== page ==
India had neither provided any information officially to Pakistan about the arrest of a Pakistani national nor did it share any concrete proof about elements behind the Mumbai attacks, the adviser said.
Interpol chief says India yet to provide evidence -DAWN - Top Stories; December 24, 2008
UN official praises Pakistan’s cooperation -DAWN - Top Stories; December 24, 2008
By Anwar IqbalWASHINGTON, Dec 23: A senior UN official has said that Pakistan has extended full cooperation in implementing UN sanctions against Jamaatud Dawa and Lashkar-e-Taiba.
Richard Barrett, the Coordinator of Security Council’s Al Qaeda and Taliban Sanctions Monitoring Committee, told CNN-IBN in New York that the United Nations had received “across-the-board” cooperation from all Pakistani civil and military agencies.
The committee is responsible for monitoring sanctions imposed by the Security Council on individuals and organisations declared terrorist.
Mr Barrett said he found “very good atmosphere of cooperation” in all his dealings with officials in Pakistan, “whether it’s the government, elected officials, ministries, the intelligence services or the army”.
Tuesday, December 23, 2008
Hundreds and thousands of war affected people from FATA have poured into Karachi in recent months. Many still live with relatives or friends already settled in Karachi. Twelve-year-old Hakim, his six siblings ranging in age from five to 16, his parents and his 78-year-old grandfather, Hikmat, are among them.
Three months ago, the biggest problem in Hakim's life was trying to not get beaten up by his teacher. He was learning the Qura'an by heart at his local mosque, which also doubled as a Madressah in his village near Waziristan. Today, Hakim polishes shoes for a living at a park near his temporary home in Karachi. When business is slow, he begs, as do his siblings and his
"Somewhere around the end of summer, fliers rained down on us from the Pakistan Army aeroplanes. The imam from the mosque said that the fliers were telling us to pack up and leave within six hours, because they would bomb our village," Hakim said. He doesn't know who 'they' are, or why his village was going to be bombed. "We gathered up everything, and left in large trucks. We had heard stories about people who died in other villages because they did not leave when told to do so."
The family came to Hakim's distant uncle in Karachi. This 'uncle' can more appropriately be described as someone who lived in the same village as Hakim's family. Around 40 people from the village came to his house and stayed there for three weeks, before moving in with other Pukhtoon families in the area. Hakim's family of 10, including his parents, however, still live at his 'uncle's' house. The latter already had four children of his own, and the house is actually a mud room in one of the slums around SITE. The small space is divided into a kitchen area and an enclosure for a restroom.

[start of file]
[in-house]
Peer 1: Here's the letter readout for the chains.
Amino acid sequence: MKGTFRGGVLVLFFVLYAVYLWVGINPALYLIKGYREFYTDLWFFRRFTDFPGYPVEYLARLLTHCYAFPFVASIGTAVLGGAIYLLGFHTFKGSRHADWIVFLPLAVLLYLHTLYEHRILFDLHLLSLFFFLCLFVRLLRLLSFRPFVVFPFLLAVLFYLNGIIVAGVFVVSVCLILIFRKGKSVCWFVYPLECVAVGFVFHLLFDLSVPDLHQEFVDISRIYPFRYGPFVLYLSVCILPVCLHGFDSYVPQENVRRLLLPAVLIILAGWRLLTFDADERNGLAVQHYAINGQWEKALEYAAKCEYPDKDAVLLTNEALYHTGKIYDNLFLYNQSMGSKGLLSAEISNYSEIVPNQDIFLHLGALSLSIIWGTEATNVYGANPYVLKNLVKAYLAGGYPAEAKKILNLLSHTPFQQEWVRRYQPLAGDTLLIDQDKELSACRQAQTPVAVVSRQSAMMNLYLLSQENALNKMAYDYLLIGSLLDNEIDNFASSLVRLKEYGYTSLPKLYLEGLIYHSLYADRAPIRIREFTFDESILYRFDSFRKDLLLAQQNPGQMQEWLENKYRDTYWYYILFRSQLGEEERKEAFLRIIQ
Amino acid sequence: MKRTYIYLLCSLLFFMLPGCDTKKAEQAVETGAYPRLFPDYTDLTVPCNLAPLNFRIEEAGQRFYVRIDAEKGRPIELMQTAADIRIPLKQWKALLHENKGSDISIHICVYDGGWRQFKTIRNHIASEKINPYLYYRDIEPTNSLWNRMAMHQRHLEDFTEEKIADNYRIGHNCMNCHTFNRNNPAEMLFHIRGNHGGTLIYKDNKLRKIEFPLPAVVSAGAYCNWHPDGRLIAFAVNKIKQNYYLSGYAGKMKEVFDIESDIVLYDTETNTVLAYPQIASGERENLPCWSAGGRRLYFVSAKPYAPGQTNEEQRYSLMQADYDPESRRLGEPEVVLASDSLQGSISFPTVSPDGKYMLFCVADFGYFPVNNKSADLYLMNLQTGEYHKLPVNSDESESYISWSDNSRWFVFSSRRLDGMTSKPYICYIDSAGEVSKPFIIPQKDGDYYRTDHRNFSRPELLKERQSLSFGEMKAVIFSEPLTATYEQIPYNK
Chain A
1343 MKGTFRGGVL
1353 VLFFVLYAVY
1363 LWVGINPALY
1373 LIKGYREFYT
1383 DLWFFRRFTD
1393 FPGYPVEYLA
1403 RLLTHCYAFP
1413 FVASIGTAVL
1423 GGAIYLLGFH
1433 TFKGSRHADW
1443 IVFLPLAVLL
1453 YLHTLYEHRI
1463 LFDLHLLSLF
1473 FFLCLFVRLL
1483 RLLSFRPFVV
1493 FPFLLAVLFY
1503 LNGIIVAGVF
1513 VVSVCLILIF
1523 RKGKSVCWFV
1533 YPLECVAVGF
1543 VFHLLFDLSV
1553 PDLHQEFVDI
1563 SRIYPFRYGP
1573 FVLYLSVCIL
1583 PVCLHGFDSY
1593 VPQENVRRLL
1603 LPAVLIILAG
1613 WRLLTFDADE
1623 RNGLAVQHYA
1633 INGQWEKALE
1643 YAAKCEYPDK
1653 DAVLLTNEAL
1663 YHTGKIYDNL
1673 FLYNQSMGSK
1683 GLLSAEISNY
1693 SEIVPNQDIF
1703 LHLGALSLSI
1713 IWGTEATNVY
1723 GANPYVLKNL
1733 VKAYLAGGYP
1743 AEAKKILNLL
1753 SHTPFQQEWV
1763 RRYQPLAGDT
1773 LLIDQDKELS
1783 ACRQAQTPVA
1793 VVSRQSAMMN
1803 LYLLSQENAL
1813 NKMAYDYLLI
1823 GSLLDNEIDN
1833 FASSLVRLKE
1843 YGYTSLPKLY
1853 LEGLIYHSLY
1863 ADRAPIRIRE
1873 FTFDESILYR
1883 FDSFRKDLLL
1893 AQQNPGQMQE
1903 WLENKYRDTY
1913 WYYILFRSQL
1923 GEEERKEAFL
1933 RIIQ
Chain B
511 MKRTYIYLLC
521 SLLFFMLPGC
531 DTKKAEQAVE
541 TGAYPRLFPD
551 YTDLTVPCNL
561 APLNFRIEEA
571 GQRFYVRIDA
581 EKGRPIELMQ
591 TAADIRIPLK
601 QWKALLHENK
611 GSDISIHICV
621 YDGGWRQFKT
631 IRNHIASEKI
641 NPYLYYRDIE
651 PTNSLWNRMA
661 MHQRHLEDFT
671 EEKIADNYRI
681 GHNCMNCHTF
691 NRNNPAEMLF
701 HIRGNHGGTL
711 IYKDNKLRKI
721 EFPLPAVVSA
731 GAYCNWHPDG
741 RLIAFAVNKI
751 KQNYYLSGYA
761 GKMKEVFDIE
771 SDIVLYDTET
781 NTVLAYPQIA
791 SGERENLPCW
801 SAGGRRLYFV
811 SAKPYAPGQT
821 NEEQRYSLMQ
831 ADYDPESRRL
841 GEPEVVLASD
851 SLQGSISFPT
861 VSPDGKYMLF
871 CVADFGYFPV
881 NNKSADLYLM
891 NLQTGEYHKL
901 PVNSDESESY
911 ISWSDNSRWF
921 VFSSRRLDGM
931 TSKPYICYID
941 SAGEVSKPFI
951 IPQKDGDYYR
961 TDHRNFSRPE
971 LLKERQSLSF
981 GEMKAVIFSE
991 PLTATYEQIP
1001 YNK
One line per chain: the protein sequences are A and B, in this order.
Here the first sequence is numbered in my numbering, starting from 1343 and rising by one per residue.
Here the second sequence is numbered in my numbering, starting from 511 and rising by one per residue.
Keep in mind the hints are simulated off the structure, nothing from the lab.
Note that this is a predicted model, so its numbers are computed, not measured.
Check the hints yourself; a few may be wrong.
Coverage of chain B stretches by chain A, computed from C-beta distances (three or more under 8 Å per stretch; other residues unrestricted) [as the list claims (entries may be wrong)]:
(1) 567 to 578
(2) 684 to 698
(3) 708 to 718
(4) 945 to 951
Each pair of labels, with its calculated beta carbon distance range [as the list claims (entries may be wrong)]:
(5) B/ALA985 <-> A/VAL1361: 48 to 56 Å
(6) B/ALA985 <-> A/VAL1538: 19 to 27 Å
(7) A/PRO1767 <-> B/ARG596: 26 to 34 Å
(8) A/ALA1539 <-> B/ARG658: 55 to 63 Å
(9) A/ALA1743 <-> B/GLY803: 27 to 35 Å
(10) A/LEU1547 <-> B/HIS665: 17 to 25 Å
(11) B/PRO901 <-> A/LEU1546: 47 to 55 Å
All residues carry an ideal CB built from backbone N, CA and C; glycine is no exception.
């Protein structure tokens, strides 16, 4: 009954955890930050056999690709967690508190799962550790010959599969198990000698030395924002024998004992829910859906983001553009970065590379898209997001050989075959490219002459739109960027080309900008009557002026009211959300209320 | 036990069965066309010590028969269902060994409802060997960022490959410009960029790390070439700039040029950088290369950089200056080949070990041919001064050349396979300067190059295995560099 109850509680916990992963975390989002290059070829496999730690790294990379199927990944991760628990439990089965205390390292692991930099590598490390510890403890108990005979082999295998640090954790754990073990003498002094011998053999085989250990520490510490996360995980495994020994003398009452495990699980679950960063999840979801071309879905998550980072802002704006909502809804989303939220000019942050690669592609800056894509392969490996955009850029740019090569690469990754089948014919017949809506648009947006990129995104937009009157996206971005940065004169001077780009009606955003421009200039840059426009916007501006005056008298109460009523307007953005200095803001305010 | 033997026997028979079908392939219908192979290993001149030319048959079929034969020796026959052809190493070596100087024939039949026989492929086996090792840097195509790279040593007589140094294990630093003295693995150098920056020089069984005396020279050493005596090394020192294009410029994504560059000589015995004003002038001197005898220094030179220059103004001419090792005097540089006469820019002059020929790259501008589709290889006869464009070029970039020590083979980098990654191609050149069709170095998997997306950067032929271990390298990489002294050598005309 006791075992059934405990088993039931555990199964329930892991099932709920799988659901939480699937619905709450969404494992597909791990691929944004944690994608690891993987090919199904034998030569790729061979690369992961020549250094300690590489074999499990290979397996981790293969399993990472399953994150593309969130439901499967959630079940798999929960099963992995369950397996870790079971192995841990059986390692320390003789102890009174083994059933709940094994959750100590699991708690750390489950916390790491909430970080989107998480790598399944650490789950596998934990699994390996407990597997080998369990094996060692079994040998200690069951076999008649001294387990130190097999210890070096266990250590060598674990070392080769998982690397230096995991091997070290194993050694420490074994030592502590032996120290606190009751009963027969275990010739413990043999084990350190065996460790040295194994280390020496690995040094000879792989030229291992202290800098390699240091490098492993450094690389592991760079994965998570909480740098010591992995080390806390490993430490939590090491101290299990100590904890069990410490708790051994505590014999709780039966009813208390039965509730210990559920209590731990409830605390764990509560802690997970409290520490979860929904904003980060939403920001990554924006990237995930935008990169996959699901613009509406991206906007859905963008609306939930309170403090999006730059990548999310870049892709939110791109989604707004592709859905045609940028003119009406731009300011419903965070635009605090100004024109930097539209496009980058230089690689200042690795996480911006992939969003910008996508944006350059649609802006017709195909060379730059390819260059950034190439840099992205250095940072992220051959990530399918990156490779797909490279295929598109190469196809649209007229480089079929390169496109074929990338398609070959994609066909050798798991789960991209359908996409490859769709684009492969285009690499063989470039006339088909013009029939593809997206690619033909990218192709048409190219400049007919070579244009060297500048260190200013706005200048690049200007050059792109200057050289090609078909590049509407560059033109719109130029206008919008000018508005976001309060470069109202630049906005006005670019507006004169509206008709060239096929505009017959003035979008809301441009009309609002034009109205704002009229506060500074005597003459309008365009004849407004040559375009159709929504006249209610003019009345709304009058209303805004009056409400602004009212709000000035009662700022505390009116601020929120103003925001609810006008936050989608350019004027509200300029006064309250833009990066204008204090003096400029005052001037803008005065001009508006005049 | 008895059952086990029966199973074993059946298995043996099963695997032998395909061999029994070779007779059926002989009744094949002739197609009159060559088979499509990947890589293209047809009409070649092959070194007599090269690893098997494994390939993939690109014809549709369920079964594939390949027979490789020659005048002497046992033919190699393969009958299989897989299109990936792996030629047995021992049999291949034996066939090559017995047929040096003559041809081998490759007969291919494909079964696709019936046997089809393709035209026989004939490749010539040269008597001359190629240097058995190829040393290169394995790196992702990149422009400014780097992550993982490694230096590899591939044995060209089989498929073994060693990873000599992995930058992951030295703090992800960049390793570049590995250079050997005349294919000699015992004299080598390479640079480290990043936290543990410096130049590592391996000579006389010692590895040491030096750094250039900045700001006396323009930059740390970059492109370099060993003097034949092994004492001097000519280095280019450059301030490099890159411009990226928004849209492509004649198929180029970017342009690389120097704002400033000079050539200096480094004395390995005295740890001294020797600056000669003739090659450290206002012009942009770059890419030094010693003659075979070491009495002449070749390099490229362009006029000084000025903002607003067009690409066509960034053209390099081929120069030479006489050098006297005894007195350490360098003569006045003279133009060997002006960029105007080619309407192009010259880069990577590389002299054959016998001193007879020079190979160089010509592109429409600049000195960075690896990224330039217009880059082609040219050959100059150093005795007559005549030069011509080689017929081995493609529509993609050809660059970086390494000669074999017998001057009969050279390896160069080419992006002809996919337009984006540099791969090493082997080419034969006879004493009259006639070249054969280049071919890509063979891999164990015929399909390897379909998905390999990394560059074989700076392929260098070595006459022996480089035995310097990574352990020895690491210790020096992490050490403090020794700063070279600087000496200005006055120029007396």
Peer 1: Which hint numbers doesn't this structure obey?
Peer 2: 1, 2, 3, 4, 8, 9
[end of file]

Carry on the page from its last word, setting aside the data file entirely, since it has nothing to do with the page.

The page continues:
Prior to this move, Hikmat had never set foot outside his village. His son herded goats, which had to be left behind when the family fled. He gained employment a month-and-a-half ago at a local textile mill in Karachi. "My uncle took my father to the Thekedaar (contractor) for this factory, and he hired him," Hakim said.
"My husband hasn't been paid since he joined," Hakim's mother told The News. "He works two shifts at the factory. They said they would pay him last month. Then they said they'll pay him this month. When he protests, they threaten to throw him out, but what would he do if he loses this job? Right now we make ends meet with the money the children bring in."
Hakim's father's story is not unique. While a majority of the people that came to Karachi from FATA have taken to begging – especially old people and children – many of the able-bodied young men have taken up work in the industrial areas of Karachi.
The turnover of labour in these areas is generally extremely high, primarily due to the Thekedaari Nizaam or the contractual system. One person is chosen by the owner of a factory to recruit labour informally for the organisation. These workers are not listed as part of the factory in official labour department reviews, and are open to exploitation – especially immigrants
Almost none of these people had been paid since they joined, and were too scared to protest or quit for fear of losing their jobs and not being able to find another.
Many work multiple shifts, and rest at nearby parks during breaks. "I don't go home because the rooms are already so crowded," said Nihal, a worker at a construction site. "I'd rather just try and get some sleep in this park here, before getting back to work again in an hour."
Meanwhile, the Sindh Labour Department maintains that it has not received complaints regarding the exploitation of these workers. "We can only take action if these workers come up to us and complain," provincial Labour Minister Amir Nawab said. "Once we receive complaints, we constitute an inquiry commission, and try to rectify their grievances. If this does not work, we issue a notice, and then take the matter up as per the law."